Last week we looked at the Sacraments and how they impact on our everyday lives. This week we continue to explore this theme.
The Jewish philosopher, Abraham Heschel, is quoted as saying “Being human involves being sensitive to the sacred.”
Only human beings are created as individuals, as unique images of God, and also unique in ourselves because of our individual experiences and our capability of knowing and choosing. The spark of the divine is in each person and it is this that links us and all creation to God. By our very nature we are drawn to the sacredness in God and in all things created by God. As sacred beings we are challenged to be reflective, to have an attitude of reverence and wonder in all situations. The world of a child is new and beautiful, full of wonder and excitement, and it is in the sharing of that uncomplicated world that adults are most sensitive to the sacred.
God established a harmonious relationship in all things when God created them. As created beings, we are called to relationship with the Creator. We are responsible not only to self and others but to the rest of the created world as well. The relationship we share with all things, by virtue of being created by God, calls us to live responsibly towards self, others, nature, God, as well as towards all of life’s events.
We reverence the sacredness in our relationships when we are truly present to each other. The sacredness of others speaks to us in the very midst of our active lives, in the love and the caring that make each day. We are in God’s love in all that we do. And, as we grow in relationship with one another, God’s life and our ability to love God more deeply grow within us. God’s desire to communicate with us is not confined to any one place but is everywhere and in all things. We accept and reverence the sacredness of each other at birth, marriage, death, and in every encounter with people in our daily lives. God is in all our relationships but also in all our experiences of life.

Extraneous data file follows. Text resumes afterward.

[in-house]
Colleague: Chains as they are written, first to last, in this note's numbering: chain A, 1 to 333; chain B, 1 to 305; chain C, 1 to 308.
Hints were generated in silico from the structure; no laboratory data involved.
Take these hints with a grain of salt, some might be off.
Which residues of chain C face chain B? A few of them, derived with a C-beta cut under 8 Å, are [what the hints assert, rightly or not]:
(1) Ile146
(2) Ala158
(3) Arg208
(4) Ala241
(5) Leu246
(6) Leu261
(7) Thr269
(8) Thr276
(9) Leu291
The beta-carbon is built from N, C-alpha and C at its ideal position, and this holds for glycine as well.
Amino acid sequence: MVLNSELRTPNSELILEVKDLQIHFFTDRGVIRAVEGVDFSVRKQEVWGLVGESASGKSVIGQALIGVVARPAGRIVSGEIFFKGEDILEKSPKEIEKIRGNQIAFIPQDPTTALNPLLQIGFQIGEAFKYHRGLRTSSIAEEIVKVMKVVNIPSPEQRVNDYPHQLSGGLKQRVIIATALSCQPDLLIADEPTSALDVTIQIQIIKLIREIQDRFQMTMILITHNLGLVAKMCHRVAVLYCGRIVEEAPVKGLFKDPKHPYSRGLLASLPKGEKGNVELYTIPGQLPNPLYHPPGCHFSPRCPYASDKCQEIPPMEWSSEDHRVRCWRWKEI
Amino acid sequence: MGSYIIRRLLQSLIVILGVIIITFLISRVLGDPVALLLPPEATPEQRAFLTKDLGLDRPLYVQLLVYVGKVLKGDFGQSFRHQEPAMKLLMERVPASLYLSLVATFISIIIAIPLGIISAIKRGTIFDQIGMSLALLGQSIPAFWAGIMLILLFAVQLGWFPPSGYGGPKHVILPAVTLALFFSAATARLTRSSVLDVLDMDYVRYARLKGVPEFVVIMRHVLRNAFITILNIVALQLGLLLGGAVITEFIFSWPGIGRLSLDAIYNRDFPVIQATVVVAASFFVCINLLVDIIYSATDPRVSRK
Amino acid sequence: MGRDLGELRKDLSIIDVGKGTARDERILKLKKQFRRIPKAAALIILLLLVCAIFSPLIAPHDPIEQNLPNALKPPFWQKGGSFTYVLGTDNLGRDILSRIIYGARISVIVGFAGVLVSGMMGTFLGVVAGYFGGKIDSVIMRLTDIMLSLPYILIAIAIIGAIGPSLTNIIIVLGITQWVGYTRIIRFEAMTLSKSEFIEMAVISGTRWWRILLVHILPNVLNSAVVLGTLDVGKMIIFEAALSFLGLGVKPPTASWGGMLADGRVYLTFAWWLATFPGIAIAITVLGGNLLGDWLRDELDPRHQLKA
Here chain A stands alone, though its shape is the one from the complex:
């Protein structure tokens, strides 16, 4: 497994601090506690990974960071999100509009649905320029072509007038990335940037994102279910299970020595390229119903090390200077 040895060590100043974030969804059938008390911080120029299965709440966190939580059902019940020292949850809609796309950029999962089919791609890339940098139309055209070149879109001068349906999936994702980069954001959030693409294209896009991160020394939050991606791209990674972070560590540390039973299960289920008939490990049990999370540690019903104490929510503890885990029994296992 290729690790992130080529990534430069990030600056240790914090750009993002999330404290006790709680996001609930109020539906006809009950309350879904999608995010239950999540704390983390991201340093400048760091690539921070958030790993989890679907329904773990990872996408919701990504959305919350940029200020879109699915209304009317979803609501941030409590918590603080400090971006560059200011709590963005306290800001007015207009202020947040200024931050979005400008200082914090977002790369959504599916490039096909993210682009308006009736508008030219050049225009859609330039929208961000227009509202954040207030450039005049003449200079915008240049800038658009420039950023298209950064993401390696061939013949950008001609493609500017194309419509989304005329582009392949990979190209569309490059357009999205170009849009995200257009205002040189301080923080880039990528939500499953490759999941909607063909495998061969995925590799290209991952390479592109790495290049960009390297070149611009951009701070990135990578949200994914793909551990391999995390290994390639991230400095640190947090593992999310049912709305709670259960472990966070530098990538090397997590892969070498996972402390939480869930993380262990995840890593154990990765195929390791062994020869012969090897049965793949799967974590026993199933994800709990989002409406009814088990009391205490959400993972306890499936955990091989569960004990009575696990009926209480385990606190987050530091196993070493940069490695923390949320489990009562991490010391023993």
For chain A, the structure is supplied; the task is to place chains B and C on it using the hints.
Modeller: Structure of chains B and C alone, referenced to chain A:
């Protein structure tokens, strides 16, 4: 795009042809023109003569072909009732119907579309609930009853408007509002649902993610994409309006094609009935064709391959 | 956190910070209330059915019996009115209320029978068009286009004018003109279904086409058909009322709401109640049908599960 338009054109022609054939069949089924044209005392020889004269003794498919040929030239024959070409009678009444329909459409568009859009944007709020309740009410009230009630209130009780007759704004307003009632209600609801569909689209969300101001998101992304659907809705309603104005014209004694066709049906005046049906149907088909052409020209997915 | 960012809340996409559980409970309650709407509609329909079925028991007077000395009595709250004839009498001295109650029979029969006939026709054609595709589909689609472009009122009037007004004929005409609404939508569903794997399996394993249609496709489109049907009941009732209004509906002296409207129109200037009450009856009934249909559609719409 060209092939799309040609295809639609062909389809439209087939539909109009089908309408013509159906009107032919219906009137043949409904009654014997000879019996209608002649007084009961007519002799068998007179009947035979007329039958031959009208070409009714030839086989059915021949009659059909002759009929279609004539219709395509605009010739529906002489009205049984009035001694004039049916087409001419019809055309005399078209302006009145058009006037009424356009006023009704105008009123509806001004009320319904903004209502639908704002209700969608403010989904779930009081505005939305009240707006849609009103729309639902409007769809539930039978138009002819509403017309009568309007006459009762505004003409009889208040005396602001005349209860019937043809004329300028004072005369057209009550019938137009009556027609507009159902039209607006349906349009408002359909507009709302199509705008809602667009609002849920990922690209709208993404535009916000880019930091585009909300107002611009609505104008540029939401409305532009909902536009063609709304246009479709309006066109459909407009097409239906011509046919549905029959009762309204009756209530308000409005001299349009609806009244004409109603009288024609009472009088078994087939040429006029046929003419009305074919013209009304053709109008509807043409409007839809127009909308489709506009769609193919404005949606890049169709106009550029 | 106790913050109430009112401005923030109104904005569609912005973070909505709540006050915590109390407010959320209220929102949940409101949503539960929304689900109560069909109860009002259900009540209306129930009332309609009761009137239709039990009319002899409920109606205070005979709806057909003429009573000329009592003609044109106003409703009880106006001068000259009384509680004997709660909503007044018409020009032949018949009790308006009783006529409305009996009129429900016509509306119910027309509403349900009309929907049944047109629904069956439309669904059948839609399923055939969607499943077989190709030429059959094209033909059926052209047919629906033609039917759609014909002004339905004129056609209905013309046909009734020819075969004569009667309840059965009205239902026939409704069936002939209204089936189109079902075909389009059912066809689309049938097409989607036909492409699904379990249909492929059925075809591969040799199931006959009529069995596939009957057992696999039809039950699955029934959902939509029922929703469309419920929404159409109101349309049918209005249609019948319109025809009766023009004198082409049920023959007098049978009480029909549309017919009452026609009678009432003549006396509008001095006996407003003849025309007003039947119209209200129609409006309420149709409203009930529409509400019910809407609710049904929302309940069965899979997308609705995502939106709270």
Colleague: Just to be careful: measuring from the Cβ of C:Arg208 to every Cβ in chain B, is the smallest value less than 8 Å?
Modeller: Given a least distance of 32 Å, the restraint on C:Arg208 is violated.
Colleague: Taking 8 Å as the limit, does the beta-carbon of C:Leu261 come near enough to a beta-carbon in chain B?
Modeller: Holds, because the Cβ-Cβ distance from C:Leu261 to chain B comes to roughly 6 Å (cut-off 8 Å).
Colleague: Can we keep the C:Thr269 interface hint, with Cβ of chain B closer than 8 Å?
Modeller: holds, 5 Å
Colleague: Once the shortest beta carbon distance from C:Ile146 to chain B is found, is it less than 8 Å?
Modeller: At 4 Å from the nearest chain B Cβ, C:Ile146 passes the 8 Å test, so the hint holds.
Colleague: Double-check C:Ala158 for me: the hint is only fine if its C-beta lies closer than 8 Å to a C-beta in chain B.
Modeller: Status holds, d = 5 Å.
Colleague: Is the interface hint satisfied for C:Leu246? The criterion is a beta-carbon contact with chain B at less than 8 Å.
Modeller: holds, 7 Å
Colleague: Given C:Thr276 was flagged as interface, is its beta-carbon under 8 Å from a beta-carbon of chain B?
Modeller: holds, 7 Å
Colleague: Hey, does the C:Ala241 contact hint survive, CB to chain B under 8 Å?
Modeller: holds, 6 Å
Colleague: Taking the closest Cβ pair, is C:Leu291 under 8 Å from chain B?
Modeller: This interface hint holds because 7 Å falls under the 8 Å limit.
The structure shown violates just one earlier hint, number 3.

Another aspect of how being human involves being sensitive to the sacred is in our relationship with nature. As long as we fail to relate to and respect God’s creation – the trees, the rivers, the mountains, the oceans – we fail to be sensitive to their sacredness. We have been given the right to exercise stewardship over the environment, to recognise the sacredness of all created things, not as objects to use or misuse. When we exercise this power senselessly, it leads to a poor relationship with creation and to a ruthless exploitation of the environment. Our insensitivity and misuse of this power are seen in the ease with which we destroy the mountains to build houses, when we cut down trees and fail to replace them, pollute our rivers with plastics or other non-biodegradable objects, and otherwise destroy the environment.
As human beings we need to re-establish the true relationship God intended and recover the mystery of life. Our loss of the sense of the sacred in things leads us to behavioural patterns that are inconsistent with our nature as beings created in God’s image. If things lose their mystery and we become preoccupied with their usefulness, they tend to distract us from, rather than put us in touch with, the sacred side of ourselves.
A desensitised society also goes so far as to see people in terms of their usefulness.
What is sacred in all things, therefore, is their power to speak to us of their Creator.
“Our goal should be to live life in radical amazement. ….get up in the morning and look at the world in a way that takes nothing for granted. Everything is phenomenal; everything is incredible; never treat life casually. To be spiritual is to be amazed.” Abraham Joshua Heschel
– Sr Juliet Rajah CHF
Archdiocesan Catechetical Office